High body mass index is not a barrier to physical activity: Analysis of international rugby players' anthropometric data
King, N.A., Hills, A.P., & Blundell, J.E. (2005) High body mass index is not a barrier to physical activity: Analysis of international rugby players' anthropometric data. European Journal of Sport Science, 5(2), pp. 73-75.
Recent data indicate that levels of overweight and obesity are increasing at an alarming rate throughout the world. At a population level (and commonly to assess individual health risk), the prevalence of overweight and obesity is calculated using cut-offs of the Body Mass Index (BMI) derived from height and weight. Similarly, the BMI is also used to classify individuals and to provide a notional indication of potential health risk.
It is likely that epidemiologic surveys that are reliant on BMI as a measure of adiposity will overestimate the number of individuals in the overweight (and slightly obese) categories. This tendency to misclassify individuals may be more pronounced in athletic populations or groups in which the proportion of more active individuals is higher. This differential is most pronounced in sports where it is advantageous to have a high BMI (but not necessarily high fatness). To illustrate this point we calculated the BMIs of international professional rugby players from the four teams involved in the semi-finals of the 2003 Rugby Union World Cup. According to the World Health Organisation (WHO) cut-offs for BMI, approximately 65% of the players were classified as overweight and approximately 25% as obese.
These findings demonstrate that a high BMI is commonplace (and a potentially desirable attribute for sport performance) in professional rugby players. An unanswered question is what proportion of the wider population, classified as overweight (or obese) according to the BMI, is misclassified according to both fatness and health risk? It is evident that being overweight should not be an obstacle to a physically active lifestyle. Similarly, a reliance on BMI alone may misclassify a number of individuals who might otherwise have been automatically considered fat and/or unfit.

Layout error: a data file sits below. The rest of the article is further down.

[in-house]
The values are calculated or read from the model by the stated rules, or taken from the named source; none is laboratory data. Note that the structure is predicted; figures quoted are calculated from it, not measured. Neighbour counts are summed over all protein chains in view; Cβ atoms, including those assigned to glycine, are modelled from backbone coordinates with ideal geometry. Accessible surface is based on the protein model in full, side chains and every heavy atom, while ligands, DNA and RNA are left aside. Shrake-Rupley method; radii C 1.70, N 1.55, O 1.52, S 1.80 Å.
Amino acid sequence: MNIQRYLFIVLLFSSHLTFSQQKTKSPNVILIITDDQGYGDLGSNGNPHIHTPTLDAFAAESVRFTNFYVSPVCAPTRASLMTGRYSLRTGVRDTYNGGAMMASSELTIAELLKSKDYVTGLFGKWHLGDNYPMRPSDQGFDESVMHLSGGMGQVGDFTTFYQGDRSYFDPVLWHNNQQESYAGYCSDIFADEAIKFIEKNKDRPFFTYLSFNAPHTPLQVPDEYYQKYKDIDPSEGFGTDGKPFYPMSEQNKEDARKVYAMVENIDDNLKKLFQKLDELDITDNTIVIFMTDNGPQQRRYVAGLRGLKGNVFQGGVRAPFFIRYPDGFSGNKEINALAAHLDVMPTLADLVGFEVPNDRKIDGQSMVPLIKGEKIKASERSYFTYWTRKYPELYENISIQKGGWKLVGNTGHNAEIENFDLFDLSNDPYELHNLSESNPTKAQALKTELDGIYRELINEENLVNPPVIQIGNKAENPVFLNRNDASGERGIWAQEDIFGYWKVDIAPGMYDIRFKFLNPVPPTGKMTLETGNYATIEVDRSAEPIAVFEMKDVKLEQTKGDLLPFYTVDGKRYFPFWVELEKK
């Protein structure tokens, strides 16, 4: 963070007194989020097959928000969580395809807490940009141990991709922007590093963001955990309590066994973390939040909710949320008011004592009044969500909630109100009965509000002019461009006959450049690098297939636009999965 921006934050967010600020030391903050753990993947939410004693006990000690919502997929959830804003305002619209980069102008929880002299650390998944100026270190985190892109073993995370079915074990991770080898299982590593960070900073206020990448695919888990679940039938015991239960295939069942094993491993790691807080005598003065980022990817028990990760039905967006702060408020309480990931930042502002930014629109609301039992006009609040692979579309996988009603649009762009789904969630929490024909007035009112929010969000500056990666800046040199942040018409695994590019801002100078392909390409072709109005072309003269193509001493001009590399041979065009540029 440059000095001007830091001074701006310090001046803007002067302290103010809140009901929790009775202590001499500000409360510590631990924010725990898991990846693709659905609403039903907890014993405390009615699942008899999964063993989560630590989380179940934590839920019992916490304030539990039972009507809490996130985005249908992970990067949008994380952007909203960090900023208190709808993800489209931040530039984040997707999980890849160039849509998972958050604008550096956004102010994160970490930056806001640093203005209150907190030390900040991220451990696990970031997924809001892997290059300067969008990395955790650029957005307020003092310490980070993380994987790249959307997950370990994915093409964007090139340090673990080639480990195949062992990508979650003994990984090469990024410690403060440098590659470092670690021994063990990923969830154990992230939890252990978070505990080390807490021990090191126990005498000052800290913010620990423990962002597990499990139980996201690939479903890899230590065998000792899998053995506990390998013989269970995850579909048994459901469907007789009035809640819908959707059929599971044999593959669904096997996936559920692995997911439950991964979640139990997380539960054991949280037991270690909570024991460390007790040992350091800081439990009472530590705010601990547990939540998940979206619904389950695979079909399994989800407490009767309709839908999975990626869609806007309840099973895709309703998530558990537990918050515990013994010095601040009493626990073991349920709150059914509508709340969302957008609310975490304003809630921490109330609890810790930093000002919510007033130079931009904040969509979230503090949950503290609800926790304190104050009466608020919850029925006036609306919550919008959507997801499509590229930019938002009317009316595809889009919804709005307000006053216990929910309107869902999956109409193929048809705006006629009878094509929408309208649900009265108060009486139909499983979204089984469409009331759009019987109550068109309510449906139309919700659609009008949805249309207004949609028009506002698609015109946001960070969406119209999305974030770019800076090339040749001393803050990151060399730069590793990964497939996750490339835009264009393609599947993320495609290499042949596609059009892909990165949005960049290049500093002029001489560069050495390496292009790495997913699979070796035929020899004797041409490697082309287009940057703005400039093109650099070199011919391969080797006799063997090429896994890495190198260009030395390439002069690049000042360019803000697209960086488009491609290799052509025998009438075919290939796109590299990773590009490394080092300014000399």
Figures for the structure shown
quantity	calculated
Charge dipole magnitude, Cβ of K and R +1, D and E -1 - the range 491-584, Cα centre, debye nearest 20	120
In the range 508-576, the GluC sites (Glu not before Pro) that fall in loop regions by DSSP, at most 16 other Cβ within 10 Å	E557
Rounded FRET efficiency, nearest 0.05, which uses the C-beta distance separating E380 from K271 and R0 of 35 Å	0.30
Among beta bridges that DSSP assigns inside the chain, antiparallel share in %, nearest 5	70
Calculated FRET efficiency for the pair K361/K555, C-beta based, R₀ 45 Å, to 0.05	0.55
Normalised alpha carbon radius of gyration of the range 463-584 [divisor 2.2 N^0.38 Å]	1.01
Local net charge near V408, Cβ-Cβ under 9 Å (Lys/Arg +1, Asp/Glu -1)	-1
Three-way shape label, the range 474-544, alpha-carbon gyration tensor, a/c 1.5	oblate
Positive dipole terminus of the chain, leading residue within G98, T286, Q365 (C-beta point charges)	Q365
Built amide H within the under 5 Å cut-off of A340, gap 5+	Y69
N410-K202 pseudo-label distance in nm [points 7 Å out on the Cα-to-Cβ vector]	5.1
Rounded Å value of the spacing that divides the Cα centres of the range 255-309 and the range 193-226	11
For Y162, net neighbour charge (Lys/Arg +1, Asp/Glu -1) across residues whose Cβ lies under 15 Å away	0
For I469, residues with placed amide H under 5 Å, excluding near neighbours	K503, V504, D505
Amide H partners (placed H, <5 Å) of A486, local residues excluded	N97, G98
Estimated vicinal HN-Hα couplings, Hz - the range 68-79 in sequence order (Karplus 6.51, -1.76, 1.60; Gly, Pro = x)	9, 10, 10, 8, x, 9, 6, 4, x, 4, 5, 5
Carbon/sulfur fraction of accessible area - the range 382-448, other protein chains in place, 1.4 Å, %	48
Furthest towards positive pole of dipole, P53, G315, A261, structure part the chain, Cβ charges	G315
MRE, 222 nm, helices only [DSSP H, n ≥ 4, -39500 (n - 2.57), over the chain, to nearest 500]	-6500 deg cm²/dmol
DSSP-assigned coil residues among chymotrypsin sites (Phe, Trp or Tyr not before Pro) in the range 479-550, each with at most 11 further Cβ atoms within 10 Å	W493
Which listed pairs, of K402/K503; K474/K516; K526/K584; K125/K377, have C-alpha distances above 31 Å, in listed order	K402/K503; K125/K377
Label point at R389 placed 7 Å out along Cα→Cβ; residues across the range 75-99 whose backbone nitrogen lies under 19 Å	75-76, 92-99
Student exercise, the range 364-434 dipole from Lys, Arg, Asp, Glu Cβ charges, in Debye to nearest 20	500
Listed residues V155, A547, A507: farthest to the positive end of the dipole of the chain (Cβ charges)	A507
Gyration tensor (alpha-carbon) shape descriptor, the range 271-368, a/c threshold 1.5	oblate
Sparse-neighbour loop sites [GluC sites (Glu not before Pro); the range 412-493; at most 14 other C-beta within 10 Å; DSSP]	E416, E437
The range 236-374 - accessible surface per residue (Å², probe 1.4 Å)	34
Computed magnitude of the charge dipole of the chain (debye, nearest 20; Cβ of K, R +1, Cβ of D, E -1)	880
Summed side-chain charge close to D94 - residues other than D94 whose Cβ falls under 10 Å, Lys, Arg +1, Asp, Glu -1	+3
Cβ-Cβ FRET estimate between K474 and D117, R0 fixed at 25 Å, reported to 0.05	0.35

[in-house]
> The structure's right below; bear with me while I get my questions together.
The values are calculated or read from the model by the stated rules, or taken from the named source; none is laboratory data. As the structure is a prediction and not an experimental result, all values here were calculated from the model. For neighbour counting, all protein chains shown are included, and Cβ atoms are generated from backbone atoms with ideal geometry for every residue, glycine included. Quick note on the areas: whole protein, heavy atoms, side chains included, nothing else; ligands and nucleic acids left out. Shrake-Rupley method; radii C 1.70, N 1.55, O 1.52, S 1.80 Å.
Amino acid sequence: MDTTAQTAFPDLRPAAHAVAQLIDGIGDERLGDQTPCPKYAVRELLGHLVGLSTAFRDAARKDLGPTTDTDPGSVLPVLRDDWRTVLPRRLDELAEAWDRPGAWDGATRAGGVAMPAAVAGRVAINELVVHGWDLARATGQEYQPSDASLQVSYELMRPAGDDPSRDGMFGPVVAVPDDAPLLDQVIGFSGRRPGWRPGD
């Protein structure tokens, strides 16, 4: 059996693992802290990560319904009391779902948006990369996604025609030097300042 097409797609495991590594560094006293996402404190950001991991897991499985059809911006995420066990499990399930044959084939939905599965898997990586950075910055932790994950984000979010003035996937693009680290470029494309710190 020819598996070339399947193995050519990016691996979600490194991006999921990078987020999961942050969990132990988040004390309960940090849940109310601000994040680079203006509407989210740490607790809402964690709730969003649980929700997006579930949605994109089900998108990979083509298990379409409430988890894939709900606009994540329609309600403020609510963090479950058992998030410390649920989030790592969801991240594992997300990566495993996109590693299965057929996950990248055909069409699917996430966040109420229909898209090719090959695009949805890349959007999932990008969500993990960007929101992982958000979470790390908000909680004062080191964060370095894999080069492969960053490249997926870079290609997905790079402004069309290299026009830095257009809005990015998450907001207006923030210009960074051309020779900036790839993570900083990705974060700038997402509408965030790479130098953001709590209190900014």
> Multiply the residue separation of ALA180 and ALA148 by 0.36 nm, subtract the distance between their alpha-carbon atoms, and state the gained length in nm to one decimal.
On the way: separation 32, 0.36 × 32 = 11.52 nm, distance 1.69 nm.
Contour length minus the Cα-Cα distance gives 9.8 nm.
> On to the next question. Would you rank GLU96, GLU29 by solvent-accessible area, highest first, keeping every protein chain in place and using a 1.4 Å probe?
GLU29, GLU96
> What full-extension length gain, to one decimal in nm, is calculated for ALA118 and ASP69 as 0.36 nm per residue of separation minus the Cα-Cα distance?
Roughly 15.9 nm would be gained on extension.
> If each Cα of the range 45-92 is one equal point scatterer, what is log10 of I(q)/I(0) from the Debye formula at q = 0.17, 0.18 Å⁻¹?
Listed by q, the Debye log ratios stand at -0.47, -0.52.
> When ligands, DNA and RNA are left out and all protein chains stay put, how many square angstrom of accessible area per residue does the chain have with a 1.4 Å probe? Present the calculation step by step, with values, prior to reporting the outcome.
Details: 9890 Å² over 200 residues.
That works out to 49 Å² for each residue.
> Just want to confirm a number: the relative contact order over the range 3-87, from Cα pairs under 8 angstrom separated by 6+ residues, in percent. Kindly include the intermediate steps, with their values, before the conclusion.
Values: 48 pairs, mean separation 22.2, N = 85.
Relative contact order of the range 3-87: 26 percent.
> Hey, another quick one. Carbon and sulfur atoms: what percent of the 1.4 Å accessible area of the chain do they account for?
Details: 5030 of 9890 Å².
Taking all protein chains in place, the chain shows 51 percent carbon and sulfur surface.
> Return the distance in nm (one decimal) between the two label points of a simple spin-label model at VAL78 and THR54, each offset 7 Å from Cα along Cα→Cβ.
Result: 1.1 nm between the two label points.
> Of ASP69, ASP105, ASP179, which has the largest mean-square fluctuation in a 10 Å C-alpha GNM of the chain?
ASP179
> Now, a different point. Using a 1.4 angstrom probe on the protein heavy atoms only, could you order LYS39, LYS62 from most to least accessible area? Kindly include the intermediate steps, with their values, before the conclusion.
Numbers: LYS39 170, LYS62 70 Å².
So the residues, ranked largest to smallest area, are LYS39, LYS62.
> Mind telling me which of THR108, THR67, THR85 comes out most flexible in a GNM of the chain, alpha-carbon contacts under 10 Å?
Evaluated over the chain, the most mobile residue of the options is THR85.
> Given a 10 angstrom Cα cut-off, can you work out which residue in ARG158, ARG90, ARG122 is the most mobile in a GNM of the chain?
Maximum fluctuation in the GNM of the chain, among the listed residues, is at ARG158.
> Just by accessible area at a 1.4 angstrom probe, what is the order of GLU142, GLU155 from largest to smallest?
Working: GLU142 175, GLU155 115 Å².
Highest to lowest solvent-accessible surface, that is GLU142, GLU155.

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|Item Type:||Journal Article|
|Keywords:||Obesity, Physical Activity, BMI, Overweight, Rugby|
|Subjects:||Australian and New Zealand Standard Research Classification > MEDICAL AND HEALTH SCIENCES (110000) > PUBLIC HEALTH AND HEALTH SERVICES (111700) > Health Promotion (111712)
Australian and New Zealand Standard Research Classification > MEDICAL AND HEALTH SCIENCES (110000) > PUBLIC HEALTH AND HEALTH SERVICES (111700) > Preventive Medicine (111716)
|Divisions:||Current > Research Centres > Centre for Health Research
Current > QUT Faculties and Divisions > Faculty of Health
|Deposited On:||17 Jun 2009 14:09|
|Last Modified:||12 Nov 2015 05:14|
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